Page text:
On 228 Memorial Day yesterday, several Aboriginal groups sent up smoke signals to raise awareness of the nation’s history and development and to bring attention to “Aboriginal transitional justice.”
On Feb. 28, “the memorial that society uses to promote freedom from the grip of confrontations between different ethnic groups and classes and to attain truth and reconciliation,” Aborigines are not to be excluded from the nation’s history, the Smoke Signals League (狼煙行動聯盟) said in a statement.
“Whose country? Whose development?” the statement said.
The league was established in 2007 to improve communication between Aboriginal tribes and to offer mutual help on various fronts. It has organized nationwide smoke signal campaigns on 228 Memorial Day for several years.
“Aboriginal rights have been repressed and violated by the government in at least three major areas in the past year: history, culture and land,” the league said.
With regard to history, the government has re-emphasized the Chinese and Han-centered historical perspective with its adjustments to the history curriculum, the league said.
In culture, it has attempted to incriminate Aborigines found in the possession of shotguns, a practice that has long been vindicated by the legislative body as a preservation of traditions and the Taitung County Government has forced the relocation of Katripulr tombs, the leagues said.
On the issue of land, at least five disputes over land development either sprung up or continued last year, including Taitung’s Hongyeh Hot Spring Area and the build-operate-transfer project at Sun Moon Lake, to which the Thao objected, the league said, adding that the Bunun people in Hongyeh Village (紅葉) and the Thao people in Nantou County joined the cause and sent up smoke signals as a form of protest.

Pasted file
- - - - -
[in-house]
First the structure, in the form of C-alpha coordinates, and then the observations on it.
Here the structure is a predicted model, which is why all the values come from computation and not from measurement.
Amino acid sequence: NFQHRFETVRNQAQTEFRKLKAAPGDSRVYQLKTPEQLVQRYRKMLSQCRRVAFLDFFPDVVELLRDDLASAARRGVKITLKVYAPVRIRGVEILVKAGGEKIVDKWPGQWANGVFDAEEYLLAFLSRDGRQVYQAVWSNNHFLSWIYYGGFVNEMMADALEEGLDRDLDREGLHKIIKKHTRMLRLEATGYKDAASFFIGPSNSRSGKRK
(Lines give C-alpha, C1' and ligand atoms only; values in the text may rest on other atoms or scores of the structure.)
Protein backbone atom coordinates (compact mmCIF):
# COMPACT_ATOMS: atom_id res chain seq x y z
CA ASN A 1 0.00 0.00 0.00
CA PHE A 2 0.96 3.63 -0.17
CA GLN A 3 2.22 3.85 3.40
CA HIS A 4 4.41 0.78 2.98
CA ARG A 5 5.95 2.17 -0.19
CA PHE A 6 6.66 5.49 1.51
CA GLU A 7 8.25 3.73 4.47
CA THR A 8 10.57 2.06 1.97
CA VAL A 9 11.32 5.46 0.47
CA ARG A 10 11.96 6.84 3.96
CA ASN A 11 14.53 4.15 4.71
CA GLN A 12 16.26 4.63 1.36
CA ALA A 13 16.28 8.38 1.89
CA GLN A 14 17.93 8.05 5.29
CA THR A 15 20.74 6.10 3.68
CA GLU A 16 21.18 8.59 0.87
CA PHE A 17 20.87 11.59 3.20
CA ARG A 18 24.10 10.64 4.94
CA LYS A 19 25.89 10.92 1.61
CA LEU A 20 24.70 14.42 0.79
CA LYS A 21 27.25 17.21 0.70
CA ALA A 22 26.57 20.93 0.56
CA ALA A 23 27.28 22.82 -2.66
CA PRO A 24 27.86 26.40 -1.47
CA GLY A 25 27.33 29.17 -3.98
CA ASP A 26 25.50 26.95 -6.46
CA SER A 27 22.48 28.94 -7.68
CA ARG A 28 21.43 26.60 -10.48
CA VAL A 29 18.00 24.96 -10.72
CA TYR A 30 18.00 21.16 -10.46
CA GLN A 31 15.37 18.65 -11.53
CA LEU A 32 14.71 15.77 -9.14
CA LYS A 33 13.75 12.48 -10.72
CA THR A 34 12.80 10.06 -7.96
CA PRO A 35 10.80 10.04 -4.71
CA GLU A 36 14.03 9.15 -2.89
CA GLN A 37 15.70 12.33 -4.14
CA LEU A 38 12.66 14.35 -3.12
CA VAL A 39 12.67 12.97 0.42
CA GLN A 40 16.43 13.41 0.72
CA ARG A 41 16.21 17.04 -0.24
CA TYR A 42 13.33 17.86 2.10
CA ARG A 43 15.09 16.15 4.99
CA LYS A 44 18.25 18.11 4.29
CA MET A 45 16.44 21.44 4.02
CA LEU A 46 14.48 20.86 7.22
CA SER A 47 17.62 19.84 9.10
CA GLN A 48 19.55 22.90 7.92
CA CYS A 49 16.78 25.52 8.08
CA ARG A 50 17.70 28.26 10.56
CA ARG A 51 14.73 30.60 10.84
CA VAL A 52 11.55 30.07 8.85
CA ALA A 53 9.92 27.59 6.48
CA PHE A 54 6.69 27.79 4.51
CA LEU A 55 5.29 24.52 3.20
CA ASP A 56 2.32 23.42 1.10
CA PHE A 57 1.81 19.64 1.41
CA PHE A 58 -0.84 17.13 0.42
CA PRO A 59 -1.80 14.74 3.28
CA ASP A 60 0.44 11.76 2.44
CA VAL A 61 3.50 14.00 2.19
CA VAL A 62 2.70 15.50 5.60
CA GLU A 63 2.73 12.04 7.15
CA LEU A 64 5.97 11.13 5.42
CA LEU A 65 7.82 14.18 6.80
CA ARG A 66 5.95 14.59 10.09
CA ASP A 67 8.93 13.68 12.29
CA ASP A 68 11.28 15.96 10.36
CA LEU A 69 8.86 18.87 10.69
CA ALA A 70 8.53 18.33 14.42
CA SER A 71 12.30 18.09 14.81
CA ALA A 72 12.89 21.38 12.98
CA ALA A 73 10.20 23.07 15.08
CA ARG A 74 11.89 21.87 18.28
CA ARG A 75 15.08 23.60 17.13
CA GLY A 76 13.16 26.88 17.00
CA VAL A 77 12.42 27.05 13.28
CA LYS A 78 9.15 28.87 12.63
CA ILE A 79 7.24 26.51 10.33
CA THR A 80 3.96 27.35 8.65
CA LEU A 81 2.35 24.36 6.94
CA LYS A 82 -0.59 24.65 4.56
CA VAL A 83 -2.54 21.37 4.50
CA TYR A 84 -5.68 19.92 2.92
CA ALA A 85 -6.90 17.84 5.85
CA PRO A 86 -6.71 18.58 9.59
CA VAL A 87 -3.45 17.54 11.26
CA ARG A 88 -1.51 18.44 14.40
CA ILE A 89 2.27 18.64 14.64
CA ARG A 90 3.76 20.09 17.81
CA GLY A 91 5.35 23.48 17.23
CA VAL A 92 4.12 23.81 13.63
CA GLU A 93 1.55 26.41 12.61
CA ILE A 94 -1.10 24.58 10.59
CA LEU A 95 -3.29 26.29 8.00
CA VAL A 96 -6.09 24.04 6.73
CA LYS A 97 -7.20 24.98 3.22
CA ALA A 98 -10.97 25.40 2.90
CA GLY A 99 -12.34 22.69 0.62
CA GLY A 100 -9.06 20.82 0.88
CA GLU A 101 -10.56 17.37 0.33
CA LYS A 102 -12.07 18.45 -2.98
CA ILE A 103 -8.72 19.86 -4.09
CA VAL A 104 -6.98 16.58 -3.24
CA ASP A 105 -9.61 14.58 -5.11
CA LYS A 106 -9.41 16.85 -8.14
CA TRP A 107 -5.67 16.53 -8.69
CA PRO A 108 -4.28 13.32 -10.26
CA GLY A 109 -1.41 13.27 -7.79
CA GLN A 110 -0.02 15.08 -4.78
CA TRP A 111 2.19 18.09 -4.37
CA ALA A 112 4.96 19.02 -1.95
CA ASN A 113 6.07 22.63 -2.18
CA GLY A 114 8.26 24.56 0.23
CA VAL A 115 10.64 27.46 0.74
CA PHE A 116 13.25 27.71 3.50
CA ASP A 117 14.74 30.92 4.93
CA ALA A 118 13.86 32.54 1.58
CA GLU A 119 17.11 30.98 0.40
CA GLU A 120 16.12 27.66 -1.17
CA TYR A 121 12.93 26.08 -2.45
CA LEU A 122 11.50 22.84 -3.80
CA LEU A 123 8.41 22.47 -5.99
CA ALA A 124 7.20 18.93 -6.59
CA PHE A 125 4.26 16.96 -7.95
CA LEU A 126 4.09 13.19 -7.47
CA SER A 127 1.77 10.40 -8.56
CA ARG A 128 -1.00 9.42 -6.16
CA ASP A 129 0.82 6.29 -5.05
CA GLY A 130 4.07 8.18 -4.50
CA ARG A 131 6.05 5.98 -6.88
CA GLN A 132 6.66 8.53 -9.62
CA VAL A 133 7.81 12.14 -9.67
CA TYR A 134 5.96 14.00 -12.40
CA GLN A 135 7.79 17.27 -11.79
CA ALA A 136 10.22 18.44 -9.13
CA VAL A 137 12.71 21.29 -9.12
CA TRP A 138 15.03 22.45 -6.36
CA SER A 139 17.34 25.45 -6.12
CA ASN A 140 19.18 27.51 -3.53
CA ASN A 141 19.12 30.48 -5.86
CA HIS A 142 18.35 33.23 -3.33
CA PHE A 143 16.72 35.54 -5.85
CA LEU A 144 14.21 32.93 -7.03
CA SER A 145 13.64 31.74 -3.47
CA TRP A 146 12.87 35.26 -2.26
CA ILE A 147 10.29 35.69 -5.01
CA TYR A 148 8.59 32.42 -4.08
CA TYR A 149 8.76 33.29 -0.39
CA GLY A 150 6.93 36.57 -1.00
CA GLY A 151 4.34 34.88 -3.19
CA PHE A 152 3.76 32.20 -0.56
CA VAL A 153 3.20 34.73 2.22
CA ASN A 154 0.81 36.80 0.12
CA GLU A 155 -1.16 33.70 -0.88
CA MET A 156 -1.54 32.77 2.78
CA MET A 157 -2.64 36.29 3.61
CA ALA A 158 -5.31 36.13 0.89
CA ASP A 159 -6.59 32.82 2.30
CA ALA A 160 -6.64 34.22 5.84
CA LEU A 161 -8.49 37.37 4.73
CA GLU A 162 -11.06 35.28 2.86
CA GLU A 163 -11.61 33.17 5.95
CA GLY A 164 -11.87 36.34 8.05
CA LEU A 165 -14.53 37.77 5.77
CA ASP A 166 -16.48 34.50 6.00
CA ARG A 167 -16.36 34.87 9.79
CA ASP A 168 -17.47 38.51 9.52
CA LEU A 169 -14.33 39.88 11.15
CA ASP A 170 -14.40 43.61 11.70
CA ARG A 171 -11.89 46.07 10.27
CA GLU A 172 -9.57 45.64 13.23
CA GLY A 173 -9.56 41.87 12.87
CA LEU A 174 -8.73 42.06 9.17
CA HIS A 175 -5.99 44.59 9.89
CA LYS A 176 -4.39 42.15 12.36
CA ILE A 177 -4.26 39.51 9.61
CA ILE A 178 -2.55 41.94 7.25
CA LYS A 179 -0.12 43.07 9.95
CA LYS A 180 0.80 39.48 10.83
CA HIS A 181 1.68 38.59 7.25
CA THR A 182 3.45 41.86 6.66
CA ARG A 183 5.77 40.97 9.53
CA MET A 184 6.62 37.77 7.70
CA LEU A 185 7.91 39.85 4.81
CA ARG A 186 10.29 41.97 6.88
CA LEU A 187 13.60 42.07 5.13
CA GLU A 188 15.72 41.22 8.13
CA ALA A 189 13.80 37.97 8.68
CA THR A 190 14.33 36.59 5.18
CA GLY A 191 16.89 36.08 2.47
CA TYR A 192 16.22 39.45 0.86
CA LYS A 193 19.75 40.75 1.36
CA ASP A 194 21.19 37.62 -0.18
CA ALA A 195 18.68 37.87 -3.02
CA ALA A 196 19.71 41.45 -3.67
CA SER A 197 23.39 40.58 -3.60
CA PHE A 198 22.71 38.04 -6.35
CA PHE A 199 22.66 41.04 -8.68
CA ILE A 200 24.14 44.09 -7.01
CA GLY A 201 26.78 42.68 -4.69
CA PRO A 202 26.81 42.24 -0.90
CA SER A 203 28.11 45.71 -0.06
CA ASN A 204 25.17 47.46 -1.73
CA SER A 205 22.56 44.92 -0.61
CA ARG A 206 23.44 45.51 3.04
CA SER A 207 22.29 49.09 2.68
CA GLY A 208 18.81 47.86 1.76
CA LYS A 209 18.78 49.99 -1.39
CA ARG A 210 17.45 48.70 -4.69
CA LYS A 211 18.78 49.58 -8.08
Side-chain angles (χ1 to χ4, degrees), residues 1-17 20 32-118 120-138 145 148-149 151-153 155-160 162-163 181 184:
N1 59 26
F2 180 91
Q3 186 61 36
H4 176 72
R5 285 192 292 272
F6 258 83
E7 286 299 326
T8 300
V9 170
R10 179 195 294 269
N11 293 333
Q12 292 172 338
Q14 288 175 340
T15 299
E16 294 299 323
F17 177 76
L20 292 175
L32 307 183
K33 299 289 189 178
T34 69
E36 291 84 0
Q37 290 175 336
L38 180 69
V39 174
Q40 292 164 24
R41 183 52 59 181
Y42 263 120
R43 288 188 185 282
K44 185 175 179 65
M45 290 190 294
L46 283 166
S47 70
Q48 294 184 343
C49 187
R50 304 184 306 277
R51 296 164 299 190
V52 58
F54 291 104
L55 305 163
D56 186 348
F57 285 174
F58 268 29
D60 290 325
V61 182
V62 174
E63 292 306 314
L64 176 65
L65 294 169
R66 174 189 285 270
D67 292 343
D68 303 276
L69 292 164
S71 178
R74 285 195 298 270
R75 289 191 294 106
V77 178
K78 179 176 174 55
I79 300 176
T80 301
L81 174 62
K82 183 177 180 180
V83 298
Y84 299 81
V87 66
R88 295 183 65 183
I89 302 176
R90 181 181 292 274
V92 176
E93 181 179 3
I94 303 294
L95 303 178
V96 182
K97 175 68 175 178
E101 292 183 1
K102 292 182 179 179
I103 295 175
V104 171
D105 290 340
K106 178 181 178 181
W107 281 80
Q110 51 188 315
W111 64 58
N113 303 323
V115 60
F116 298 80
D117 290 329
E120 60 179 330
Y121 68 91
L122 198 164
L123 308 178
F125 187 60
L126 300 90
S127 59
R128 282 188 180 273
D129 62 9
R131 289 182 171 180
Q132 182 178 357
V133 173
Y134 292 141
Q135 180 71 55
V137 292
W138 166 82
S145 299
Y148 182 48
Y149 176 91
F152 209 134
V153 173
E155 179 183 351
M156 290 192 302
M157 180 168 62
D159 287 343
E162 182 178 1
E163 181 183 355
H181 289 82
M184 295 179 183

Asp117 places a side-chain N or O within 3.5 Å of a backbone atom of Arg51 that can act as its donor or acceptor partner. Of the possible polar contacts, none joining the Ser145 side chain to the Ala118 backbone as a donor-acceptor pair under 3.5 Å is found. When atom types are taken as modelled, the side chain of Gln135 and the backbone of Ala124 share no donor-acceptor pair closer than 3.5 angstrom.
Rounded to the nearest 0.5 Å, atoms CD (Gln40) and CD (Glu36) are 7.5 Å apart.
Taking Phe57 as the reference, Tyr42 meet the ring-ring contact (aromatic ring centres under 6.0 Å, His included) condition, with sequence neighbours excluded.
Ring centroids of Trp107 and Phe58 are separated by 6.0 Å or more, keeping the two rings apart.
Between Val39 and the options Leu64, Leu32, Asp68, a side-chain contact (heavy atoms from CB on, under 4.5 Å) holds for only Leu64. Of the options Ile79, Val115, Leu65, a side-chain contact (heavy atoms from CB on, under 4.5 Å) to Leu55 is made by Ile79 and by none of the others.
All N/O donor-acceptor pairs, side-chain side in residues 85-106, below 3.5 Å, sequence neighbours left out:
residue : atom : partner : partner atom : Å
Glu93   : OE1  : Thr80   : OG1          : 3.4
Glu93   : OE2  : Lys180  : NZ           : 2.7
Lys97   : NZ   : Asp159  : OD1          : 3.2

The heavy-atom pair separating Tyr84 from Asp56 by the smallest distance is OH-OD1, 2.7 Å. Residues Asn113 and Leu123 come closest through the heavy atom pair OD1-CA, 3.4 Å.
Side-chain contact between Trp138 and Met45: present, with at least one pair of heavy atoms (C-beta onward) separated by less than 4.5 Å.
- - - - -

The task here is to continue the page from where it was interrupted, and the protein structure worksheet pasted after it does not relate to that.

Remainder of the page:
Independent Tainan City Councilor Kumu Hacyo (曾秀娟), accompanied by a group of Aborigines, sent up smoke in front of a statue of Koxinga in Tainan, calling for the removal of the statue of the person who “killed indigenous people and deprived them of their land” and the termination of the Koxinga Cultural Festival sponsored by the city.
The group said that just as the statues of Chiang Kai-shek (蔣介石) and Republic of China (ROC) founder Sun Yat-sen (孫逸仙), figures symbolizing a colonial regime, are to be torn down, statues of “invader Koxinga” should be removed, too.
“Koxinga is by no means our hero; he was an invader. What Koxinga means to Aborigines historically parallels what Chiang Kai-shek means to Taiwanese,” Hacyo said.
Meanwhile, the campaigners in Taipei rallied against changes to school curriculum guidelines that they said rob Aboriginal children of the opportunity to learn about their own histories and cultures.
“Studies have shown that there was human activity on the island thousands of years ago. How is that all part of Chinese history?” Taiwan Aboriginal Society chairman Tibusungu Vayayana said. “Chinese [ROC] history is part of Taiwan’s history, not the other way around. All the ethnic groups living here have a place and say in this country’s history,” he added.
Savungaz Valincinan, one of the organizers of the Taipei event, said that the smoke was a traditional way to communicate with ancestral spirits and that the league aimed to raise consciousness about the survival of Aboriginal tribes and their cultures.